Box art for Jindabyne

Jindabyne

drama, thrillers


The discovery of a body on a weekend fishing trip haunts the lives of four men and the inhabitants of their small Australian town.

Rotten Tomatoes® scores

  • Critic Score
    65%
  • Audience Score
    50%

common sense

PAUSE for kids age 15
Consumerism
0 out of 5
Drinking, drugs, & smoking
3 out of 5
Language
3 out of 5
Positive messages
0 out of 5
Sex
3 out of 5
Violence
5 out of 5

Intense relationship drama for adults only.

what parents need to know

Parents need to know that this short story-based film is a bleak study of human cruelty in the form of emotional sabotage and actual murder. There are many violent episodes -- from the opening sequence in which a serial killer stalks his prey to a scene in which two children kill a pet to an emotionally jarring exchange in which a husband and wife fight each other with words and fists. Racism also rears its nasty head, and there are disturbing close-ups of a murdered woman. Characters drink, smoke, and swear.

what families can talk about

  • Families can talk about how the media can vilify or anoint someone because of their choices. In some cases -- like the one presented in this movie, in which four men ignore a dead body until their vacation is done -- is it justified? If so, why? Does the film explain why the men decide to do what they did? Does it make sense? Is the reaction they get from their families understandable or outrageous? How do such moments bring some people closer and tear others apart?

movie reviews from Rotten Tomatoes®

  • Tomatometer®

    65%
    reviews counted: 30
    see all Jindabyne reviews
  • Audience

    50%

Top Critic Reviews

Rotten: The frustration here is that none of this leads anywhere. Perhaps that is the point, that some mysteries are never solved, but Jindabyne could give us a little more to work with.

- Bill Muller, Arizona Republic, Thursday, June 7, 2007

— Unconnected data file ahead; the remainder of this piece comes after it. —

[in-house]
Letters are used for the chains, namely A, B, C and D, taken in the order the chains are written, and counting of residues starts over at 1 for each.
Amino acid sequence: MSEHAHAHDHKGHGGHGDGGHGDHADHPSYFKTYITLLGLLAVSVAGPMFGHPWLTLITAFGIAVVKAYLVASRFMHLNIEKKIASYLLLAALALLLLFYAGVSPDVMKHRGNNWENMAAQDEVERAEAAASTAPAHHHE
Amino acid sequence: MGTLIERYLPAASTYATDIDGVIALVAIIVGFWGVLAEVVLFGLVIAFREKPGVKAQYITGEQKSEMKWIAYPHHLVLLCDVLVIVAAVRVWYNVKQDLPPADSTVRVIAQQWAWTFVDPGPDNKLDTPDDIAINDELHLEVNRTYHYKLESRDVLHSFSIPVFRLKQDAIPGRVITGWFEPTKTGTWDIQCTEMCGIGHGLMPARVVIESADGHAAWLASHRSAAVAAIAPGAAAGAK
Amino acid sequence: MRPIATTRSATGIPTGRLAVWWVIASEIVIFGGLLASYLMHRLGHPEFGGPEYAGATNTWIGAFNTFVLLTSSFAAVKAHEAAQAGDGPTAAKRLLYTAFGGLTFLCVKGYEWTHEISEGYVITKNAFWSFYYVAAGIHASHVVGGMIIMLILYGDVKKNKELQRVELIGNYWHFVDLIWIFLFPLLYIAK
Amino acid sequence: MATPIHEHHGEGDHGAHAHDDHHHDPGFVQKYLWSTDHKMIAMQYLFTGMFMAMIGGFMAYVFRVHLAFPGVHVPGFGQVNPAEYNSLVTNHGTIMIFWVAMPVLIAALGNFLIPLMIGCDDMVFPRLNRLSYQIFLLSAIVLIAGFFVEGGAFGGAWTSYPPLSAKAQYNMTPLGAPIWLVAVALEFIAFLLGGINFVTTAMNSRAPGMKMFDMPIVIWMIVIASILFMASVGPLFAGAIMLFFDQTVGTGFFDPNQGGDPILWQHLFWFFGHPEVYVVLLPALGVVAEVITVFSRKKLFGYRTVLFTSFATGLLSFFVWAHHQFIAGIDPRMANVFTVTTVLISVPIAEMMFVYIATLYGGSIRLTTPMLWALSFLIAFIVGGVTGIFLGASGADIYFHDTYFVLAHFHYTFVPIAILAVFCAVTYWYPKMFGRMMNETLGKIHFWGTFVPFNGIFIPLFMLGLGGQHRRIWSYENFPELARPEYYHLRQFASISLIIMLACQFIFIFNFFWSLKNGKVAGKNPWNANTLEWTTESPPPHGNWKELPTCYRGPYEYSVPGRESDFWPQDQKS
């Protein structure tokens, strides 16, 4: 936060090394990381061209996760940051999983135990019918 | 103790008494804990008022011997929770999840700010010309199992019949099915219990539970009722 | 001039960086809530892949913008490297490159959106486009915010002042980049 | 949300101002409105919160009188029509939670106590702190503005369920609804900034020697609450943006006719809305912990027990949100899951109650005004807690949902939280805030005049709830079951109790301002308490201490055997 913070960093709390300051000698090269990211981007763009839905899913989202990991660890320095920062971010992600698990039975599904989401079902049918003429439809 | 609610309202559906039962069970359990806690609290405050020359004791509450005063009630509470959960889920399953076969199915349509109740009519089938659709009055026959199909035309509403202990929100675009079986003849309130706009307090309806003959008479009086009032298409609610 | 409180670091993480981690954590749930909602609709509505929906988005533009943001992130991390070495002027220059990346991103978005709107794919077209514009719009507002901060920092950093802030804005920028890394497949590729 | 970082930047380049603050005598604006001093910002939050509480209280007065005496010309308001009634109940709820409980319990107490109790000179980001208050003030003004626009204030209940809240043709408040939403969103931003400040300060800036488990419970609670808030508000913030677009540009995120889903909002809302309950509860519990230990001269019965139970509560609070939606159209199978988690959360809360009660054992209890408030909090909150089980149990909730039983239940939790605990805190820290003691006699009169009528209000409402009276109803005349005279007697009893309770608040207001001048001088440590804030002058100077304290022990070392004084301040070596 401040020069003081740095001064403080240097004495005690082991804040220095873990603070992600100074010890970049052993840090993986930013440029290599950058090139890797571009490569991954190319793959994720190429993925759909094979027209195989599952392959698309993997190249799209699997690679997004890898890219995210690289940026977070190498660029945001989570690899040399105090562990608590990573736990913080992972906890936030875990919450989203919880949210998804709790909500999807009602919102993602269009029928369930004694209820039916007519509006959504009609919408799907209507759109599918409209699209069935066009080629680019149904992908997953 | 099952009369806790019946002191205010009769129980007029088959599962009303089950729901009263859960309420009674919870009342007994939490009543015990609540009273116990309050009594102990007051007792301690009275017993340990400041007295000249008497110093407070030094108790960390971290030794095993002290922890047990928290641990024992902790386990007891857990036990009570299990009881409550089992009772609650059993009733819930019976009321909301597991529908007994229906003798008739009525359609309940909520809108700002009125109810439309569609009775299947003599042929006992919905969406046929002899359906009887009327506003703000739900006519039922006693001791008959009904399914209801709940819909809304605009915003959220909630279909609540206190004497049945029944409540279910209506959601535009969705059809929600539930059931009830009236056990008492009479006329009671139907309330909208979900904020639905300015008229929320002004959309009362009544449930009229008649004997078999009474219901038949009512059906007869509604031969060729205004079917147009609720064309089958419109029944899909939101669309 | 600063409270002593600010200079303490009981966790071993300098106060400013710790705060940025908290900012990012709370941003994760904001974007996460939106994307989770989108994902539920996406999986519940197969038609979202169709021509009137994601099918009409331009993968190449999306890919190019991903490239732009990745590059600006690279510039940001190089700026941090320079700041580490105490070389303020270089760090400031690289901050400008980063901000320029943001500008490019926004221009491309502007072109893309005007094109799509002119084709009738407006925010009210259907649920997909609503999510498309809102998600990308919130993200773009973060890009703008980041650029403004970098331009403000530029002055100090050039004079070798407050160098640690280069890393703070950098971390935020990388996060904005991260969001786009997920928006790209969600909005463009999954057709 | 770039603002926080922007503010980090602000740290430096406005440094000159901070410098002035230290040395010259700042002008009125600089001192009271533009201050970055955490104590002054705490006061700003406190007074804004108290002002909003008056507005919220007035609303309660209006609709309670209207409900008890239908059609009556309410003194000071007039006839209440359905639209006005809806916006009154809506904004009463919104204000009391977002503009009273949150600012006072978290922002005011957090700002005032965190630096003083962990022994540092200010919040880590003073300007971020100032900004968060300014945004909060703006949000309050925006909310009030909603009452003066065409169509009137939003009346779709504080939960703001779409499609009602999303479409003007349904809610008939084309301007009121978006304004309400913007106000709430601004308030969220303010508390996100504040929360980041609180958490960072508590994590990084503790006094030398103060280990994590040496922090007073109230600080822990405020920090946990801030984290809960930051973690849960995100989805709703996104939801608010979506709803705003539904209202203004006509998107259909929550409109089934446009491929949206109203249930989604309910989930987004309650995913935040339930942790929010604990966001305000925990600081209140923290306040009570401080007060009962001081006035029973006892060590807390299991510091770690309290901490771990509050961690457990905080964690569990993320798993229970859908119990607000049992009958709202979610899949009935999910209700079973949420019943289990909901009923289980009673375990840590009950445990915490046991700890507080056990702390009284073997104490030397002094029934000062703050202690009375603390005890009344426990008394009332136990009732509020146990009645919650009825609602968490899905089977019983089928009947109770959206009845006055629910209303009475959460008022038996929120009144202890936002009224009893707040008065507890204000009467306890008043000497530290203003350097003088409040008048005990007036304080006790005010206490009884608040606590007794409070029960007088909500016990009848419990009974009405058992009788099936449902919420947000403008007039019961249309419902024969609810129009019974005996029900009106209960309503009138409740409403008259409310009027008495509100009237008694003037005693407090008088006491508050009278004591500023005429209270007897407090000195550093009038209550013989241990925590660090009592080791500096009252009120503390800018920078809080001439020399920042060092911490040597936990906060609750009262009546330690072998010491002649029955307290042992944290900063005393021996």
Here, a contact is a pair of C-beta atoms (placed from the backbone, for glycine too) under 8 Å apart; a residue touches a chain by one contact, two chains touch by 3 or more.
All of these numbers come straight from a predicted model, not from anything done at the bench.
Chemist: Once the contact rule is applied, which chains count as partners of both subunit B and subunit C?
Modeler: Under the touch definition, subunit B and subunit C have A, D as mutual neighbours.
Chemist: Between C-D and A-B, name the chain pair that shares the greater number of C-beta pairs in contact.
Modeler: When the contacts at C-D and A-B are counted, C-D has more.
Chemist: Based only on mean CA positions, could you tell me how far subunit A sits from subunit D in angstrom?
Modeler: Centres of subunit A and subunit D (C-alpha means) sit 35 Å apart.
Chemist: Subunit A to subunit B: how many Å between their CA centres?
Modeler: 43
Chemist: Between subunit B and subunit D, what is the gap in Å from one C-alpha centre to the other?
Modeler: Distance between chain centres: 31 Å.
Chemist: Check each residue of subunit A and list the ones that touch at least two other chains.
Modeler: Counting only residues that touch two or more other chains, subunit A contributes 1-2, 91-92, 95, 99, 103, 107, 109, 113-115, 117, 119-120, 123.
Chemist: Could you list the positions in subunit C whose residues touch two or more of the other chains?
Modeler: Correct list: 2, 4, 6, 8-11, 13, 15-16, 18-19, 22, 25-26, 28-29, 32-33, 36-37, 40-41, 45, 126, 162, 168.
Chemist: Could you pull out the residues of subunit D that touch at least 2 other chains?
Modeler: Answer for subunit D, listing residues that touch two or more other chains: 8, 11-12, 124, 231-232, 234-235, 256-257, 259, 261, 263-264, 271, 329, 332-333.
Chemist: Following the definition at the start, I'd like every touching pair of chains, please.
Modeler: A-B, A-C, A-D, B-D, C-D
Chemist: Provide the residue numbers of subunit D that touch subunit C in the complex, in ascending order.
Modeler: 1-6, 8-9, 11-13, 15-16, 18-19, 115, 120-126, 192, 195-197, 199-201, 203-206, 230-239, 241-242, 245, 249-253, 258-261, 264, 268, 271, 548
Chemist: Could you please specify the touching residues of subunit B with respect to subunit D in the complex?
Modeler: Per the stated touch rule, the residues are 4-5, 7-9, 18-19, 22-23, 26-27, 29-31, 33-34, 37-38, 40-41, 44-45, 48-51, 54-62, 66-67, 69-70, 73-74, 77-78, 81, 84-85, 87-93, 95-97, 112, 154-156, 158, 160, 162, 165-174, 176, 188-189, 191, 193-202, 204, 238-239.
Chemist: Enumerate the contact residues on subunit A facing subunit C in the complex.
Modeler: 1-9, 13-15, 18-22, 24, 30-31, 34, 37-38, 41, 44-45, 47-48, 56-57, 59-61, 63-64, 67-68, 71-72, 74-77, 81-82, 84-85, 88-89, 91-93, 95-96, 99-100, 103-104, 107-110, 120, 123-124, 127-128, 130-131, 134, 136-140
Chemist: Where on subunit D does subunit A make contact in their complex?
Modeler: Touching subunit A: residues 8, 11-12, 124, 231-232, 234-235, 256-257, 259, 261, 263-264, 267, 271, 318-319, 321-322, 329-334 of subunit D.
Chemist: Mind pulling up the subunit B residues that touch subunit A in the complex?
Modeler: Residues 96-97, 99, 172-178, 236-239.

Fresh: While it's most certainly not light viewing, and it's entirely devoid of 'Hollywood moments', this is a fine, intelligent, troubling film.

- Brian Webster, Apollo Guide, Thursday, June 24, 2010

Fresh: It's hard not to admire the film's confidence in making the story its own, and Ms. Linney, a mix of iron will and emotional fragility, delivers her usual complex performance.

- Chris Vognar, Dallas Morning News, Friday, May 11, 2007

Audience Reviews

2 stars

Ray Lawrence is a director I admire. His direction is generally always faultless and his films always stir up appealing yet somewhat awkward issues. Jindabyne raises social questions but does so in the slowest and most inane way possible. You don't have to be a Raymond Carver fan to enjoy it either, although that said I don't feel any adaptation of his work has ever fit a particular style or has indeed worked anyway. The pace is painfully slow, the editing lethargic and the performances inconsistent. It's amazing how such a thrilling premise could become something so stale, all intrigue is extinguished within the first third of the film and it never fully recovers. Watch it for the few moments of genuine tension or because either Gabriel Byrne or Laura Linnney are your favorite actors but that's about as far a recommendation as I can give. http://cinephilecrocodile.blogspot.co.uk/2014/08/jindabyne-dir-ray-lawrence-2006-ray.html